Resource companies in Western Australia that form a multi-billion-dollar mining industry can benefit greatly from adopting blockchain technology, according to one expert.
While blockchain technology, FinTech’s poster-child has seen rampant development and early deployment in the financial services industry, other industries are catching on to research the innovation toward practical applications in core processes.
The energy industry, as an example, is making notable efforts toward exploring and testing blockchain applications. For instance, Wien Energie, Austria’s largest utility company revealed a blockchain-based model for energy trading this month. A significant majority of the energy industry in Europe’s economic giant, Germany, was revealed to be interested in adopting blockchain technology. Spanish electricity giant Endesa announced the launch of a blockchain laboratory to encourage and foster blockchain-solutions for the energy industry.
While European resource companies explore blockchain solutions, Western Australia’s mining and energy companies are missing a trick, according to blockchain industry experts.
Western Australia’s (WA) mining and energy industry has been the driving force behind the region’s booming economic growth over the past decade. While wider Australia has shown considerable interest in blockchain technology, particularly in the case of the country’s largest securities exchange, local energy companies are slow to move on the technology.
According to a report by regional publication The West, blockchain-specific client workshops hosted by a major law firm are pushing the industry to adopt the innovation.
“There comes a point where they are going to have to invest a little bit in the skills because when it ramps up, they won’t be able to build those skills quickly enough,” stated Bernadette Jew, a partner at Gilbert + Tobin.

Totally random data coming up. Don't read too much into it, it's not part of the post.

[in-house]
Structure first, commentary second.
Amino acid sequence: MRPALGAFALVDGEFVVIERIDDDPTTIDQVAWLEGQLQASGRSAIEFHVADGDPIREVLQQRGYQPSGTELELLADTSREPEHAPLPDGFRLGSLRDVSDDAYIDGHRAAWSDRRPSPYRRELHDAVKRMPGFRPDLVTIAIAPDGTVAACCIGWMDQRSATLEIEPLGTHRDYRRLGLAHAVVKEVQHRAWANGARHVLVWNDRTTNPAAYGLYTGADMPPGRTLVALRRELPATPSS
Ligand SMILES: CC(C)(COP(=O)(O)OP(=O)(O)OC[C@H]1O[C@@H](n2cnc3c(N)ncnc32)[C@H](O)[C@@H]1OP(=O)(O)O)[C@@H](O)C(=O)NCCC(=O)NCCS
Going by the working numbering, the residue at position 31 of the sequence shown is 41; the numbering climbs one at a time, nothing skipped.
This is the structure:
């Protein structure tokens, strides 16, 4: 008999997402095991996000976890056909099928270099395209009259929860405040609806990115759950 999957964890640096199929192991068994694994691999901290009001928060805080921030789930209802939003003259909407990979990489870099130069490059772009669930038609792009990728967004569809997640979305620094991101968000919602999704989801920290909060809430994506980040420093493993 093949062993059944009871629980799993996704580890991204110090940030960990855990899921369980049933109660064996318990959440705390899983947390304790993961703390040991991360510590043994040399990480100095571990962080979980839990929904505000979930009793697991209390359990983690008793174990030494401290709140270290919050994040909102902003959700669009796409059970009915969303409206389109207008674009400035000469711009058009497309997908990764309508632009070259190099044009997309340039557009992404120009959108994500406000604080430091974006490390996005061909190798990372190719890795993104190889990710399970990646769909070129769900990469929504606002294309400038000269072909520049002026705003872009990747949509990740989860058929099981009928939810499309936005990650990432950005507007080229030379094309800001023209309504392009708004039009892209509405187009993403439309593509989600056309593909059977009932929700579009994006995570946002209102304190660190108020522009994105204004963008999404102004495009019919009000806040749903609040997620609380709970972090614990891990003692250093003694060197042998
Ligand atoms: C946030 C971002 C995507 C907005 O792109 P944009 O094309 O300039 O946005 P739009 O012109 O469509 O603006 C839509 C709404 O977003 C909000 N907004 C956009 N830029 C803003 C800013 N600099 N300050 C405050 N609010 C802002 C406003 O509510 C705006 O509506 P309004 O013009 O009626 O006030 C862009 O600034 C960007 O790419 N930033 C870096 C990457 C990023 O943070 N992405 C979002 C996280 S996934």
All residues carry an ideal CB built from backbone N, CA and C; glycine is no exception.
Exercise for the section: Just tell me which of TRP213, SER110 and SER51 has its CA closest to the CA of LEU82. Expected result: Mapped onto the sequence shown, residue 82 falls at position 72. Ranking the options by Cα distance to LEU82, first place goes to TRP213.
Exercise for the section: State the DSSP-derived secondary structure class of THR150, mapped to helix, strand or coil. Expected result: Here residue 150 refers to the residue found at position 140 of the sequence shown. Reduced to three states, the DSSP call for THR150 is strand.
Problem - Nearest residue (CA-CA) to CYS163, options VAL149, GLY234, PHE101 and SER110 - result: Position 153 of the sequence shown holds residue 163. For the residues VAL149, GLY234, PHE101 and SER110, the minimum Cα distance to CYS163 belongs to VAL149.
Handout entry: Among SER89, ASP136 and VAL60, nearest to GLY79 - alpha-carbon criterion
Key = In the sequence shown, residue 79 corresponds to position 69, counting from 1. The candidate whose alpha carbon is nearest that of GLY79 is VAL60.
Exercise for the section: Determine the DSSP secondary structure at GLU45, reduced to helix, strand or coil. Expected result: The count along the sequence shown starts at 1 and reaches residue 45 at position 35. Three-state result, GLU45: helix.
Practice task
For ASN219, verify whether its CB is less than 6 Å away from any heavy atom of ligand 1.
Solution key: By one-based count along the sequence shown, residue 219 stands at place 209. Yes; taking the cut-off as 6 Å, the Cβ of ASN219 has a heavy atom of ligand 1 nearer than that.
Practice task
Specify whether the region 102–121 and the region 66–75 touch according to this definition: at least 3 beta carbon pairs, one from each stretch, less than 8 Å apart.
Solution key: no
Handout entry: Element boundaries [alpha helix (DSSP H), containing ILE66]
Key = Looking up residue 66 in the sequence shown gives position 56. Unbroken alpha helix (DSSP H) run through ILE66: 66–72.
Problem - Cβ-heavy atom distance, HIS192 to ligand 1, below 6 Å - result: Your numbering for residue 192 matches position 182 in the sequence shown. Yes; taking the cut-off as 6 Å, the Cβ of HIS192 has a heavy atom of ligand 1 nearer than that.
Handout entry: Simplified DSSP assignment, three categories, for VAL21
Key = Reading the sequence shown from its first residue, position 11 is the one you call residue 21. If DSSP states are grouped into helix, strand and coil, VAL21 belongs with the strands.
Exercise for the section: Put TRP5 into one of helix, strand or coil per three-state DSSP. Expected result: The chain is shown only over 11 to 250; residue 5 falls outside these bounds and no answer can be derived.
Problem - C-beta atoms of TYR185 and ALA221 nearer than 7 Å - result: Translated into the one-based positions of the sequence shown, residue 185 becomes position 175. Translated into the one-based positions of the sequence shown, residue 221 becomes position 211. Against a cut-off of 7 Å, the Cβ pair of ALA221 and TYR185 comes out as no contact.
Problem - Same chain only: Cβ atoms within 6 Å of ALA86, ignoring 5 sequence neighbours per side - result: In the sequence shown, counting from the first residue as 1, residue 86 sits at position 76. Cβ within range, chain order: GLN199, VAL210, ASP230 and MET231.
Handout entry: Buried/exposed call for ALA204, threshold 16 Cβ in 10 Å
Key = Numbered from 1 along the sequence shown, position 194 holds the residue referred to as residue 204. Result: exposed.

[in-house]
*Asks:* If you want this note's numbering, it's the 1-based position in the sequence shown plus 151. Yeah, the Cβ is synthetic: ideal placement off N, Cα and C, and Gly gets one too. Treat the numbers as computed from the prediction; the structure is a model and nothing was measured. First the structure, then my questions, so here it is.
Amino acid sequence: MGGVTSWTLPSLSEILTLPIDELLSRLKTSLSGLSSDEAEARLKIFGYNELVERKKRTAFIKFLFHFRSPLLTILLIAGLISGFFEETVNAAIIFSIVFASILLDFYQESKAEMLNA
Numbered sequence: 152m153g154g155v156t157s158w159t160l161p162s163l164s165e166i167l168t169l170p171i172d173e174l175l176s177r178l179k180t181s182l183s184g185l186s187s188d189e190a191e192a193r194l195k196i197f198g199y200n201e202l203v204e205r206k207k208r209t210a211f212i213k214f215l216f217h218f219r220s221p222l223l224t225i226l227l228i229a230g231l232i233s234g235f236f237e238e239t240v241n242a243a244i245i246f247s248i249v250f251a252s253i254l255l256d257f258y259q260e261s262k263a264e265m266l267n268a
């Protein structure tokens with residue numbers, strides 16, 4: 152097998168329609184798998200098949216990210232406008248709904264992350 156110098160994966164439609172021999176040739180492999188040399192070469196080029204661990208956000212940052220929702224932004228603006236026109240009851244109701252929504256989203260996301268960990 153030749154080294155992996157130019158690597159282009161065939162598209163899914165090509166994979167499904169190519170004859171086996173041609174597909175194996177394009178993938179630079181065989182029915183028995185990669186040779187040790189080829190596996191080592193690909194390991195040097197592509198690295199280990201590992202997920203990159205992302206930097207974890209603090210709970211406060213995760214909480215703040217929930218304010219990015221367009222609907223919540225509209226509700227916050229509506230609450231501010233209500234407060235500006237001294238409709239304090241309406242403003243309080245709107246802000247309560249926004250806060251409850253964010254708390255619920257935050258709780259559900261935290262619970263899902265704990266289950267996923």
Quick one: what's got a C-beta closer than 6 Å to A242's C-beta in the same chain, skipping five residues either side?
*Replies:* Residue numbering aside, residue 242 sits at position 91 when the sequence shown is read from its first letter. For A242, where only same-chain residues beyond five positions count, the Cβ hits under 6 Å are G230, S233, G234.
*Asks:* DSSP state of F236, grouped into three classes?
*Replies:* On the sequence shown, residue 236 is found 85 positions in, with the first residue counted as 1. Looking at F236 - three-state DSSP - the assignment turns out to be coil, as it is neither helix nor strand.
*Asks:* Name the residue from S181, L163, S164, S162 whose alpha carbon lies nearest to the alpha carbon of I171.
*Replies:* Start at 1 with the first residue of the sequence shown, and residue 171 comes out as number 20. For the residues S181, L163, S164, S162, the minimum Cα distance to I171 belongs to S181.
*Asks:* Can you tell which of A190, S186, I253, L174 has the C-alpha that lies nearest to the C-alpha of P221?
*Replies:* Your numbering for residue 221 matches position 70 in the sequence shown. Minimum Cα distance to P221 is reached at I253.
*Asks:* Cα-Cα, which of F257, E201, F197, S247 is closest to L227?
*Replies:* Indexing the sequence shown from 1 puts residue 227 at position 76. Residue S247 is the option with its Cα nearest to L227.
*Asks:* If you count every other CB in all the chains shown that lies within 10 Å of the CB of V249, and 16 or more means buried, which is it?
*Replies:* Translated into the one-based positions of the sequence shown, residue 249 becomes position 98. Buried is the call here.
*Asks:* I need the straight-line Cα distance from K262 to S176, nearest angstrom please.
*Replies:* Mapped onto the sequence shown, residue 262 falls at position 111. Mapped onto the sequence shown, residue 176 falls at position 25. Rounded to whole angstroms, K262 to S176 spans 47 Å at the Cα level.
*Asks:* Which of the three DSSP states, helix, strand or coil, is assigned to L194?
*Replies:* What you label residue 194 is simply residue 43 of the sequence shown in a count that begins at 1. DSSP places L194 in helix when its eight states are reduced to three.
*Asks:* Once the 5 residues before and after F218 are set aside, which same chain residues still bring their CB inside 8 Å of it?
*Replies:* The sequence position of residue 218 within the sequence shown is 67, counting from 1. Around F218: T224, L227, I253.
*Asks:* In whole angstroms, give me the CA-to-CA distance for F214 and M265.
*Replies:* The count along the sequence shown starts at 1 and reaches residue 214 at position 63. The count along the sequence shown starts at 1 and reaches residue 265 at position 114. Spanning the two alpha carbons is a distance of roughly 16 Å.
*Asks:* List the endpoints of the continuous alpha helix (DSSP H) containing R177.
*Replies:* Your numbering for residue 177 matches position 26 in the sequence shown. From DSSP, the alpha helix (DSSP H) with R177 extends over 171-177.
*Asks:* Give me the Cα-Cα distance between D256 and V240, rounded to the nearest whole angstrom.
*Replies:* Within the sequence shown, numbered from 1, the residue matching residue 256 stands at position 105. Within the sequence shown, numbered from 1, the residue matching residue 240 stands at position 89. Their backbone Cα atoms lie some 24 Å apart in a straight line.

The workshops, hosted with New York-based blockchain specialist George Samman, has pointed to a number of advantages offered by blockchain technology. This includes enhanced, real-time tracking of goods from their very origin, immutable recording and sharing of exploration results in mining research, enhanced means of measuring product quality during transportation and more.
Samman points to a notable increase in blockchain interest among Australian companies since the turn of 2016. The ‘hype’ phase of blockchain technology has already passed, according to the consultant.
In quotes reported by the publication, he added:
It’s only a matter of time before they’re (resource companies) either a piece of a supply chain that is using blockchain, part of a consortium which is using blockchain to do something or they’re forming their own blockchain technologies to use throughout their organizations.
Corporates cannot afford to wait much longer in adopting the transformational innovation, according to Jew, who also points to the opportunity of creating entirely new blockchain-based business models to generate revenue.
Notably, Australian blockchain startups have already partaken in micro-trading models. Power Ledger, a Perth-based startup in Western Australia conducted an eight-week trial where a peer-to-peer blockchain grid for energy trading was put to use toward the end of 2016. WA is also home to a housing project of solar-powered one-bedroom apartments developed by the region’s government, where excess energy will be traded over a blockchain.
Images from Shutterstock.
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